10. October was a month of highlights. National Hockey League. Retrieved on 2008-11-03.
  11. 11.0 11.1 Tim Thomas: Making Memories at Fenway. NHLPA.com. Retrieved on March, 30 2010.
  12. "Thomas's deal: four years, $20 million", Boston.com by Kevin Paul Dupont, Boston Globe Staff April 3, 2009, April 3, 2009. Retrieved on March, 30 2010. 
  13. "Bruins clinch No. 1 spot in NHL East", CBC News, 2009-04-04. Retrieved on 2009-04-04. 
  14. "Briere's 2 goals lift Lidstrom NHL All-Stars", Boston.com by Ira Podell, AP Staff Writer, January 30, 2011. 
  15. Bruins' Thomas wins Conn Smythe award. cbc.ca (2011-06-15). Retrieved on 15 June 2011.
  16. Tim Thomas Hockey – Hockey Camps, Massachusetts Hockey Camp, Boston Bruins Ice Hockey Goalie, Vermont Summer Camp

External linksEdit

Preceded by
Timo Pärssinen
Winner of the Kultainen kypärä trophy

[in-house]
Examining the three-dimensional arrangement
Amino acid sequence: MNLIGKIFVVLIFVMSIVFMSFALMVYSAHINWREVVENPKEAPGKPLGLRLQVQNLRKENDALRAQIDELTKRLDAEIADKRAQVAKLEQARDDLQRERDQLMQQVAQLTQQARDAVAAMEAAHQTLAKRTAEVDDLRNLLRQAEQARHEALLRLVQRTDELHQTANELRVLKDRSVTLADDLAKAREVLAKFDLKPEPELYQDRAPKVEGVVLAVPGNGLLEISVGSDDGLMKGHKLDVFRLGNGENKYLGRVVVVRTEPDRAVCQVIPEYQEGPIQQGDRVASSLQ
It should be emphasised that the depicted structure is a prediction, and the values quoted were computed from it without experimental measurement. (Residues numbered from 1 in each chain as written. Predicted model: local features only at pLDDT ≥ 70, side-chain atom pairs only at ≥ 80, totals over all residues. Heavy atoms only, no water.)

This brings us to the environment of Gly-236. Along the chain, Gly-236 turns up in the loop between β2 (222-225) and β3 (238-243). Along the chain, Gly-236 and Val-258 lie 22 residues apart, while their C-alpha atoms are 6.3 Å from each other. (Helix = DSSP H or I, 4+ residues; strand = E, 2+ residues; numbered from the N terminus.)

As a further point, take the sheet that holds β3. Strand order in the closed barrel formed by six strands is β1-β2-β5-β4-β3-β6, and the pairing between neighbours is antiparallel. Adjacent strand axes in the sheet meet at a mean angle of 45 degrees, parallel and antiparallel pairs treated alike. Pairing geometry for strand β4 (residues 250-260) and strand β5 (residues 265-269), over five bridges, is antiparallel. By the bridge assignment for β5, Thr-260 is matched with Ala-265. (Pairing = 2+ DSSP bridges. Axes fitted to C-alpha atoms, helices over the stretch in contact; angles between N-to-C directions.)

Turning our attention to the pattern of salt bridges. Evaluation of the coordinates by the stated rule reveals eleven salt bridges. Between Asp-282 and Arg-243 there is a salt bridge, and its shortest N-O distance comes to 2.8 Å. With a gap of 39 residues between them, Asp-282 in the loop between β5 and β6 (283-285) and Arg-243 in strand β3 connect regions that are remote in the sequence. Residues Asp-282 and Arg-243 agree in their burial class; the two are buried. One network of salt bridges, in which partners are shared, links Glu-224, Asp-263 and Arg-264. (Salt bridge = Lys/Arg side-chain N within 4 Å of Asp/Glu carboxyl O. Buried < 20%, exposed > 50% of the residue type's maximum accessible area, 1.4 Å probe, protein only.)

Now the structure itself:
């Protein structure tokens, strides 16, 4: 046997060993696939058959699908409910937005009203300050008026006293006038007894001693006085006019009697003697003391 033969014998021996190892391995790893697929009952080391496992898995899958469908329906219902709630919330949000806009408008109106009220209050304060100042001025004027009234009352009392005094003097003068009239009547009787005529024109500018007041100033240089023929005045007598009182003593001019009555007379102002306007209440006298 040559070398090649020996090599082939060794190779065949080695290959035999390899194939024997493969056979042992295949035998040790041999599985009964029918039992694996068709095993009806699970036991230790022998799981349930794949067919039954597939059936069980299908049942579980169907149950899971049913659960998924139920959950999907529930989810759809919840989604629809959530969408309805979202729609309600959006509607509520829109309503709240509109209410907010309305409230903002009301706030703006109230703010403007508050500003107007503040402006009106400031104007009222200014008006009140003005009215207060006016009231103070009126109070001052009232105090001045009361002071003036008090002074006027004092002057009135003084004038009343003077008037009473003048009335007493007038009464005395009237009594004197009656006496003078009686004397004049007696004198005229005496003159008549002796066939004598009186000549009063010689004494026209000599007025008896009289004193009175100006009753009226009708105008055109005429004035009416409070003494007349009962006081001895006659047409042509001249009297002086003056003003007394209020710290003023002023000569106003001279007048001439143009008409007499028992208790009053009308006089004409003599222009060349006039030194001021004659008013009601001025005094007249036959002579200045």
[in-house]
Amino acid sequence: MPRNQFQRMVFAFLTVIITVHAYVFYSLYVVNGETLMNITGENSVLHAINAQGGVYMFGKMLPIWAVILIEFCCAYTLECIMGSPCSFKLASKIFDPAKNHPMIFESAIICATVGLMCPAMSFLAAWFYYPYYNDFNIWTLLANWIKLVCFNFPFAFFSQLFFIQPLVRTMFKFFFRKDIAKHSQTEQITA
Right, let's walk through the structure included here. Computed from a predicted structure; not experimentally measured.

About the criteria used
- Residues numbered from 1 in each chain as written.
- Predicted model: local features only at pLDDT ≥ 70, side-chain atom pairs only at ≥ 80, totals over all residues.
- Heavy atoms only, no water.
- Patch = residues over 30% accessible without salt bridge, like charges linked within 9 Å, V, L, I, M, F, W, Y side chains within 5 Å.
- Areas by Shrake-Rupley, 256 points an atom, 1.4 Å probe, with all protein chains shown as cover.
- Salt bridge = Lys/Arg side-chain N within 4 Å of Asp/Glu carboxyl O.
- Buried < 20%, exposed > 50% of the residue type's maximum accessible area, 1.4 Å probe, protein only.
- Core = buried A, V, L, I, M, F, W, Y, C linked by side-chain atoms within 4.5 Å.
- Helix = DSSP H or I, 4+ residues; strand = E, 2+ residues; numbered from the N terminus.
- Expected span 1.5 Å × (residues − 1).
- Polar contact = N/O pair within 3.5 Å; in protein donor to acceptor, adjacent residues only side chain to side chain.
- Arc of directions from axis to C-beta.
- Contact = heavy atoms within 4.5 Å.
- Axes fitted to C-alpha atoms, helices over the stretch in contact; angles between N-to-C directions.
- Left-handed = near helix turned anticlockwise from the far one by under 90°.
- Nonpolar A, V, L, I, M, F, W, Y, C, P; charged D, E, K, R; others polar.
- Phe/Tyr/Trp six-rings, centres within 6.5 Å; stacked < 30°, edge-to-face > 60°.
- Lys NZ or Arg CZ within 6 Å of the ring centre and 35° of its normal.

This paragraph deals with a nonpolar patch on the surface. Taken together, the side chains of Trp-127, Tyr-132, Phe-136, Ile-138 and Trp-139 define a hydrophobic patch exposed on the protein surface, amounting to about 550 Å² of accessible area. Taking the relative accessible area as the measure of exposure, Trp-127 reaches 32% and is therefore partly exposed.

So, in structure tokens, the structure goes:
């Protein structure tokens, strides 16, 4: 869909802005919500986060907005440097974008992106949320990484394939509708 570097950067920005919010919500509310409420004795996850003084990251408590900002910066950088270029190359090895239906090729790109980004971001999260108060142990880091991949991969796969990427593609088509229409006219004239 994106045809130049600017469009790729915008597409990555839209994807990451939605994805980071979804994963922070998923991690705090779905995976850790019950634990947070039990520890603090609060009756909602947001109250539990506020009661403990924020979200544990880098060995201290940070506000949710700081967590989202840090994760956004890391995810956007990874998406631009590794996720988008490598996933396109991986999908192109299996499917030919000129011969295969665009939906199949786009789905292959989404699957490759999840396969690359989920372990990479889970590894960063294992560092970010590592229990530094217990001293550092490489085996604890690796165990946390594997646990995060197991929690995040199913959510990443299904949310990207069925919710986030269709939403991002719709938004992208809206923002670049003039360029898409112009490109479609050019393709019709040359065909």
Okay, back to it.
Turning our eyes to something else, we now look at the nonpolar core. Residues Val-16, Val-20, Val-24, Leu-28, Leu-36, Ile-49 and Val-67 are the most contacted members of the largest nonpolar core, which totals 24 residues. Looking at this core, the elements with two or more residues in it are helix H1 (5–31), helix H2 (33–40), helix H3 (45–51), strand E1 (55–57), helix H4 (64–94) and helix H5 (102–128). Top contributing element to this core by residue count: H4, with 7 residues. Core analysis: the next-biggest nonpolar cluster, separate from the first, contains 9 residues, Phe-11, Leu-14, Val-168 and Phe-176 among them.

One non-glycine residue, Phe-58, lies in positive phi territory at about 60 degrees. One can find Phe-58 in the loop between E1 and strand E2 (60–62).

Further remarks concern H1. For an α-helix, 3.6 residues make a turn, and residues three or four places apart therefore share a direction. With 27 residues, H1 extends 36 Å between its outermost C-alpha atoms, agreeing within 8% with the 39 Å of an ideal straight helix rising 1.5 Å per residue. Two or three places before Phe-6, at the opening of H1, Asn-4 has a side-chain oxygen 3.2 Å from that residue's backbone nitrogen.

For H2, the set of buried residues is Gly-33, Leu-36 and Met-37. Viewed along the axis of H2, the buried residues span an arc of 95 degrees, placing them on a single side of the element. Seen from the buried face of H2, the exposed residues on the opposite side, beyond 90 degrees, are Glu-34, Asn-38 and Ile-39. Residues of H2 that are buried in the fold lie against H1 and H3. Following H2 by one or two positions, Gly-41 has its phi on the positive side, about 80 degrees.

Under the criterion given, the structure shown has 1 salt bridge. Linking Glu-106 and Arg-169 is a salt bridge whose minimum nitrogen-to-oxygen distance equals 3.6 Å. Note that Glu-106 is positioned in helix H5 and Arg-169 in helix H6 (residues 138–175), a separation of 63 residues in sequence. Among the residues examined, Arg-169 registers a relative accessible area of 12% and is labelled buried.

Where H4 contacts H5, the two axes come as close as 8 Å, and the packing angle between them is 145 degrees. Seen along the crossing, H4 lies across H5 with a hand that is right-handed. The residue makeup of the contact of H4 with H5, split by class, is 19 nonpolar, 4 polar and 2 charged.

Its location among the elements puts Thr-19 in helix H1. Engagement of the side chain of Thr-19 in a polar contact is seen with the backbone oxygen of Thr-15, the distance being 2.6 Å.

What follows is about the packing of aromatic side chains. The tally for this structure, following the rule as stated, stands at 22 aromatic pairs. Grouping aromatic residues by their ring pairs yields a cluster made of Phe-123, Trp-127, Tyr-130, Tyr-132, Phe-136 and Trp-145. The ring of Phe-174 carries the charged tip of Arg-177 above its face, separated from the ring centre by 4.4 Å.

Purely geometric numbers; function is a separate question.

2004–05
Succeeded by
Tony Salmelainen
Preceded by
Timo Pärssinen
Winner of the Lasse Oksanen trophy
2004–05
Succeeded by
Tony Salmelainen
Preceded by
Jani Hurme
Winner of the Urpo Ylönen trophy
1997–98
Succeeded by
Miikka Kiprusoff
Preceded by
Dan Ellis
Winner of the Roger Crozier Saving Grace Award
2008–09
Succeeded by
Tuukka Rask
Preceded by
Chris Osgood and Dominik Hasek
Winner of the William M. Jennings Trophy with Manny Fernandez
2008–09
Succeeded by
Martin Brodeur
Preceded by
Martin Brodeur
Winner of the Vezina Trophy
2008–09
Succeeded by
Ryan Miller
Preceded by
Jonathan Toews
Winner of the Conn Smythe Trophy
2011
Succeeded by
incumbent
Preceded by
Ryan Miller
Winner of the Vezina Trophy
2010–11
Succeeded by
incumbent
Preceded by
Tuukka Rask
Winner of the Roger Crozier Saving Grace Award
2010–11
Succeeded by
incumbent


This page uses content from Wikipedia. The original article was at Tim Thomas. The list of authors can be seen in the page history. As with Ice Hockey Wiki, the text of Wikipedia is available under the Creative Commons Attribution-Share Alike License 3.0 (Unported) (CC-BY-SA).